Saturday, February 09, 2008

The Crime of Selling Abandoned Copies

Also via the Museum of Hoaxes blog - William Patry has an interesting story about a postal worker who was convicted for selling undelivered DVDs that the US Postal Service, on the instructions of the owners of the DVDs, had thrown away.

If you came across a trash can filled with lawfully made compact discs and DVDs that the copyright owner had authorized to be put in that trash can and then thrown away because it didn’t want to pay the postage to have them returned, do you think you could be criminally prosecuted for selling those copies, and would you think that the copyright owners would be entitled to restitution under the Mandatory Victims Restitution Act? If you answered no to these questions, you would be wrong according to the Eighth Circuit.

Here’s the opinion, United States v. Chalupnik, 2008 WL 268997 (8th Cir. Feb. 1, 2008), court’s docket no. 07-1355, available on the court of appeals’ website, here (search for Chalupnik).

The facts are pretty much these (at least as recited in the opinion): defendant was an employee for the U.S. Postal Service. BMG Columbia House is a mail order operation selling CDs and DVDs by mail. Many of these discs are undeliverable. Rather than pay the postage to have them returned to it, BMG Columbia House instructed the Postal Service to throw them away. The Postal Service did throw them away. Defendant then retrieved them from the trash and sold them to area stores, netting $78,818. A surveillance camera showed defendant retrieving the items and he was arrested; he was originally charged with felony mail theft, but then pleaded guilty to misdemeanor copyright infringement. The trial court sentenced defendant to two years probation and ordered him to pay $78,818 to BMG in restitution. Chalupnik appealed .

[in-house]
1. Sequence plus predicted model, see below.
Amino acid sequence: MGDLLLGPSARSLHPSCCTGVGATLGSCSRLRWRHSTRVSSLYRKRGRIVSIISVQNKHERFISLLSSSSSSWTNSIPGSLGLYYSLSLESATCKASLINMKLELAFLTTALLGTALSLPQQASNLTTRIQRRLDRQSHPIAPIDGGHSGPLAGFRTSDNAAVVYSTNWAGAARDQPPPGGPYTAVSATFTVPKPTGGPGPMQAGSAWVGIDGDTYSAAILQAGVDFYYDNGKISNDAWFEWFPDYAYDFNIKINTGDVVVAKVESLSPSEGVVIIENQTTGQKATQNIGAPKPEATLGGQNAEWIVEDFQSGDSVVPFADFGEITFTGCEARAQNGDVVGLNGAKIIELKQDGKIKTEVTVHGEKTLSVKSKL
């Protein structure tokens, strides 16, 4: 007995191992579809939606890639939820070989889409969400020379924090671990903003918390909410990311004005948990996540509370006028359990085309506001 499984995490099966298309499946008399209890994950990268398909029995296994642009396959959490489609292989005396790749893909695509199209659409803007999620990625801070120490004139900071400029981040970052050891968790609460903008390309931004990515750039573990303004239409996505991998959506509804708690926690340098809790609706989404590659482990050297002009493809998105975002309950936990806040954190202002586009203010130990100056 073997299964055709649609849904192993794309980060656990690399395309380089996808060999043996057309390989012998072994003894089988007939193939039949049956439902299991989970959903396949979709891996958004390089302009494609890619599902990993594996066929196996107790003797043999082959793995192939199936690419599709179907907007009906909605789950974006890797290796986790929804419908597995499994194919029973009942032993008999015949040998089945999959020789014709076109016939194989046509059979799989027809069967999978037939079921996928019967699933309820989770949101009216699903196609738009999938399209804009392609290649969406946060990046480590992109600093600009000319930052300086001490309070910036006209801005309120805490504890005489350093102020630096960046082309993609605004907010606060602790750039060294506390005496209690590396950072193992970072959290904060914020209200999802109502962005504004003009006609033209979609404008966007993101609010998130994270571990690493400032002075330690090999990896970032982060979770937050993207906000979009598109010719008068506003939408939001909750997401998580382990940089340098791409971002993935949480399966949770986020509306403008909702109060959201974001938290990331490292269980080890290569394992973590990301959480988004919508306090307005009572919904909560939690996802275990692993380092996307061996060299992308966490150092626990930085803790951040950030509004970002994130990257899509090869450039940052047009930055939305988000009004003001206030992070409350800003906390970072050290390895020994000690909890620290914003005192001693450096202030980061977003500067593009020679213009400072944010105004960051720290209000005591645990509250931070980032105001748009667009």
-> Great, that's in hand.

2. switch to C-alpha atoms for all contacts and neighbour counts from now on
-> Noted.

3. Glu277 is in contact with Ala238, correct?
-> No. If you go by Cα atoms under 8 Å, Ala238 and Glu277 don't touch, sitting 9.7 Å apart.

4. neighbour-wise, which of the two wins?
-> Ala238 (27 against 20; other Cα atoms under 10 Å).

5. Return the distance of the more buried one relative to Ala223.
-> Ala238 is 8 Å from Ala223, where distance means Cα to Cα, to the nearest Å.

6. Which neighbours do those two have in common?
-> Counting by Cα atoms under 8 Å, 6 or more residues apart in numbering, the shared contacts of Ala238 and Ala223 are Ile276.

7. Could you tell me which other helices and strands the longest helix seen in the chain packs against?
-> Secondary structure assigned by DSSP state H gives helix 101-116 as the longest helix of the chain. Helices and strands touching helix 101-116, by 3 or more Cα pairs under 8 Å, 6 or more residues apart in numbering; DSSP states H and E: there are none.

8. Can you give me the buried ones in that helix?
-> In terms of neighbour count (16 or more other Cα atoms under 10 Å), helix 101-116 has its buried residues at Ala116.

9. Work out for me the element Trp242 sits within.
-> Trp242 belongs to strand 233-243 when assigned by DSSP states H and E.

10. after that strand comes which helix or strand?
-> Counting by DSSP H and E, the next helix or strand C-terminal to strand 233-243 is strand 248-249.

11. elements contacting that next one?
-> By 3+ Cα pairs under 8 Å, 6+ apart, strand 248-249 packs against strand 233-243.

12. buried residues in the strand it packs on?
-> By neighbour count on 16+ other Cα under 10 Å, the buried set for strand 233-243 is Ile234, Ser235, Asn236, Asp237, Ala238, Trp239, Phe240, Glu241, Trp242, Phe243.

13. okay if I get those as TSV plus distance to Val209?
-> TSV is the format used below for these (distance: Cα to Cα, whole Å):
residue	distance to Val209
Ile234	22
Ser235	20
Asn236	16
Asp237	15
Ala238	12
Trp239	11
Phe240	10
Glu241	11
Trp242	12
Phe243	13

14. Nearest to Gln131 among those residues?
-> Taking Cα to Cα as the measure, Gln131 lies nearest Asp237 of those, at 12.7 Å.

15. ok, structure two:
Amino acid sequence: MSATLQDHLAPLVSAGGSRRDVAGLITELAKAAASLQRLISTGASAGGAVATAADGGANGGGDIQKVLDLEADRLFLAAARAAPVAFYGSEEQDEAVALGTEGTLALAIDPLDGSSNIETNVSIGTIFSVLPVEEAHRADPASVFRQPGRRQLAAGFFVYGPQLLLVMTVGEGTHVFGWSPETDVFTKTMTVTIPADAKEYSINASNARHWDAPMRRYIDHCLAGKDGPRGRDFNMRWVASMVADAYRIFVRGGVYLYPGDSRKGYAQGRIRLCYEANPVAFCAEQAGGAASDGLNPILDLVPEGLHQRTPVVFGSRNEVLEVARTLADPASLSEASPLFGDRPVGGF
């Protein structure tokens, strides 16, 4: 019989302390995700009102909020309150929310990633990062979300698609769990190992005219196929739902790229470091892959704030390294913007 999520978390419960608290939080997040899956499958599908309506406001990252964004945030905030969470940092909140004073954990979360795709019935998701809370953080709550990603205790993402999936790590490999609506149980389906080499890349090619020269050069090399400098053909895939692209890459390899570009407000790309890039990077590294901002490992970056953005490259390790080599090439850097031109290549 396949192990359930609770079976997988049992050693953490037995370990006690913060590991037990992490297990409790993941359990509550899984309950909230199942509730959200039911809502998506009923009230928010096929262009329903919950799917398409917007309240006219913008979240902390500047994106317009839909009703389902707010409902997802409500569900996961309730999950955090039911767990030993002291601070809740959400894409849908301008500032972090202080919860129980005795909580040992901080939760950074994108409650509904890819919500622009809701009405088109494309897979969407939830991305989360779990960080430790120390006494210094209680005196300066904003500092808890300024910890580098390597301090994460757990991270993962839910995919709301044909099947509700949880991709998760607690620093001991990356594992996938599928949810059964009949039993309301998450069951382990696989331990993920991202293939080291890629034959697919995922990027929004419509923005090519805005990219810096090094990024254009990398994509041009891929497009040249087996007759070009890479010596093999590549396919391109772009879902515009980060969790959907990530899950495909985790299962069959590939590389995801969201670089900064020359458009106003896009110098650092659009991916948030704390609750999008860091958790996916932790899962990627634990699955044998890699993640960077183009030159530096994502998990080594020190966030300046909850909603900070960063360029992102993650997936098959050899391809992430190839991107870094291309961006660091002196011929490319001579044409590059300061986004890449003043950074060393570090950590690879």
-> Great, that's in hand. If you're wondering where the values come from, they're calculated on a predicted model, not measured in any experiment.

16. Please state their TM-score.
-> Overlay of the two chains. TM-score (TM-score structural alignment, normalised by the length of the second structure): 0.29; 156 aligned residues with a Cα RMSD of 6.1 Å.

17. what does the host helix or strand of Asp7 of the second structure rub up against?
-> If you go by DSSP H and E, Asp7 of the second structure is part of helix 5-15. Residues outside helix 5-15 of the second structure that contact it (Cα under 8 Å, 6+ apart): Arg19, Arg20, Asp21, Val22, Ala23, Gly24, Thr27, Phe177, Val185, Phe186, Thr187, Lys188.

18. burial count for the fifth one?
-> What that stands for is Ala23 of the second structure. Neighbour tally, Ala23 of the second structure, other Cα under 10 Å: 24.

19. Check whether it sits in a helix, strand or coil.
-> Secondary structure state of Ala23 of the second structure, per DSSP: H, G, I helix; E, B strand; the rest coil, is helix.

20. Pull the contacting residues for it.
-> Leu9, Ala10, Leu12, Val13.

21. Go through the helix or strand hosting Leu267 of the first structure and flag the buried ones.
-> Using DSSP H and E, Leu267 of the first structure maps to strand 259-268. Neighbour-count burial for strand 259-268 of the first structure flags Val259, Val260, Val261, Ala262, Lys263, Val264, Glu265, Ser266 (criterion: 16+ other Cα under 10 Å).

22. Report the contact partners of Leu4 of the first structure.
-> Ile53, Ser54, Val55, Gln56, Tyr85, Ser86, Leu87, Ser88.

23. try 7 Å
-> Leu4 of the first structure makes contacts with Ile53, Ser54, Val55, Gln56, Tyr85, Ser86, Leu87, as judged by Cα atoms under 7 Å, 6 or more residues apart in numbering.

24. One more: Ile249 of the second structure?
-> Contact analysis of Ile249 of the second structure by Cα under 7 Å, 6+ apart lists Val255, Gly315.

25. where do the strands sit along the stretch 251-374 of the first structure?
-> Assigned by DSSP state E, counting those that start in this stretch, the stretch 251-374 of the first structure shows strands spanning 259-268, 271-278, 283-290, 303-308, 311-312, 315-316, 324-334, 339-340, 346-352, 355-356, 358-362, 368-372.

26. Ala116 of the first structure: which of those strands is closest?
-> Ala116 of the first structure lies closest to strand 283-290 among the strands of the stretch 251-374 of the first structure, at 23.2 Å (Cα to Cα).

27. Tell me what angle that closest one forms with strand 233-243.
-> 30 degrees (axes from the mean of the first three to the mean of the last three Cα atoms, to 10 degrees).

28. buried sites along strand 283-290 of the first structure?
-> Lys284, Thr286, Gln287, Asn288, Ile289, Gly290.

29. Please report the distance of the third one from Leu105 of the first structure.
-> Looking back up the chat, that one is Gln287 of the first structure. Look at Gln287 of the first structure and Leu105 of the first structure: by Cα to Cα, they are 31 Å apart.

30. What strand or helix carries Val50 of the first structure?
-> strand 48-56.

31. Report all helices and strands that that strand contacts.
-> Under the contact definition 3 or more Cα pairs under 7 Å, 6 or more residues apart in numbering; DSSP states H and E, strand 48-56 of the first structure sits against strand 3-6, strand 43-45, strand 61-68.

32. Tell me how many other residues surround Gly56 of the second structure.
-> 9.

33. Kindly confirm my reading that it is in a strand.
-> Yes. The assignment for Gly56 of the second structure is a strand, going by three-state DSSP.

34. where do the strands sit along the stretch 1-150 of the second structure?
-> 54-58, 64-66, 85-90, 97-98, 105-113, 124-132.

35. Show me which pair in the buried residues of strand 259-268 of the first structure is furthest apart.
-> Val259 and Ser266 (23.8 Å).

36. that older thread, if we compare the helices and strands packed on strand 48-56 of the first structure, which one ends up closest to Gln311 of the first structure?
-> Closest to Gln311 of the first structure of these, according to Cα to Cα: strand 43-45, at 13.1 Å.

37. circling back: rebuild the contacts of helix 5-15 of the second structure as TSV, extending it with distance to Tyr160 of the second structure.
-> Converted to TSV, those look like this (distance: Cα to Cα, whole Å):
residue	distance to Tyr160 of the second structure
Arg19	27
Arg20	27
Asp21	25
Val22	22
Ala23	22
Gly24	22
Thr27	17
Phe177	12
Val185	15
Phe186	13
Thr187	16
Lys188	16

The district court’s theory was “I do believe that there is in fact a lost opportunity to ... BMG, that the people that bought those CD's ... would likely have bought new CD's, and that that represents a real and substantial loss to ... BMG in the amount of $78,818.” The government argued that “BMG is a victim because it owns the discs, sells them with permission of the copyright owners, and controls the disposition of undeliverable discs; that each time Chalupnik sold an undeliverable disc, the artist lost a royalty and BMG lost a potential sale; and that the amount of those losses is conservatively estimated by Chalupnik's gross revenues, $78,818.

The court of appeals agreed that BMG Columbia House was a victim within the meaning of the MVRA, but held that no loss had been established...

Among the many things I find amazing in this whole debacle is the assumption that there could be copyright infringement. The copies had been thrown away at the direction of the BMG Columbia House (which may or may not have also been the copyright owner). I would think that means any ownership in the copies had been abandoned and that therefore anyone was free to do with them what they wanted. If instead of the postal worker having taken them out of the trash, what if the trash dump owner had discovered them and sold them?"

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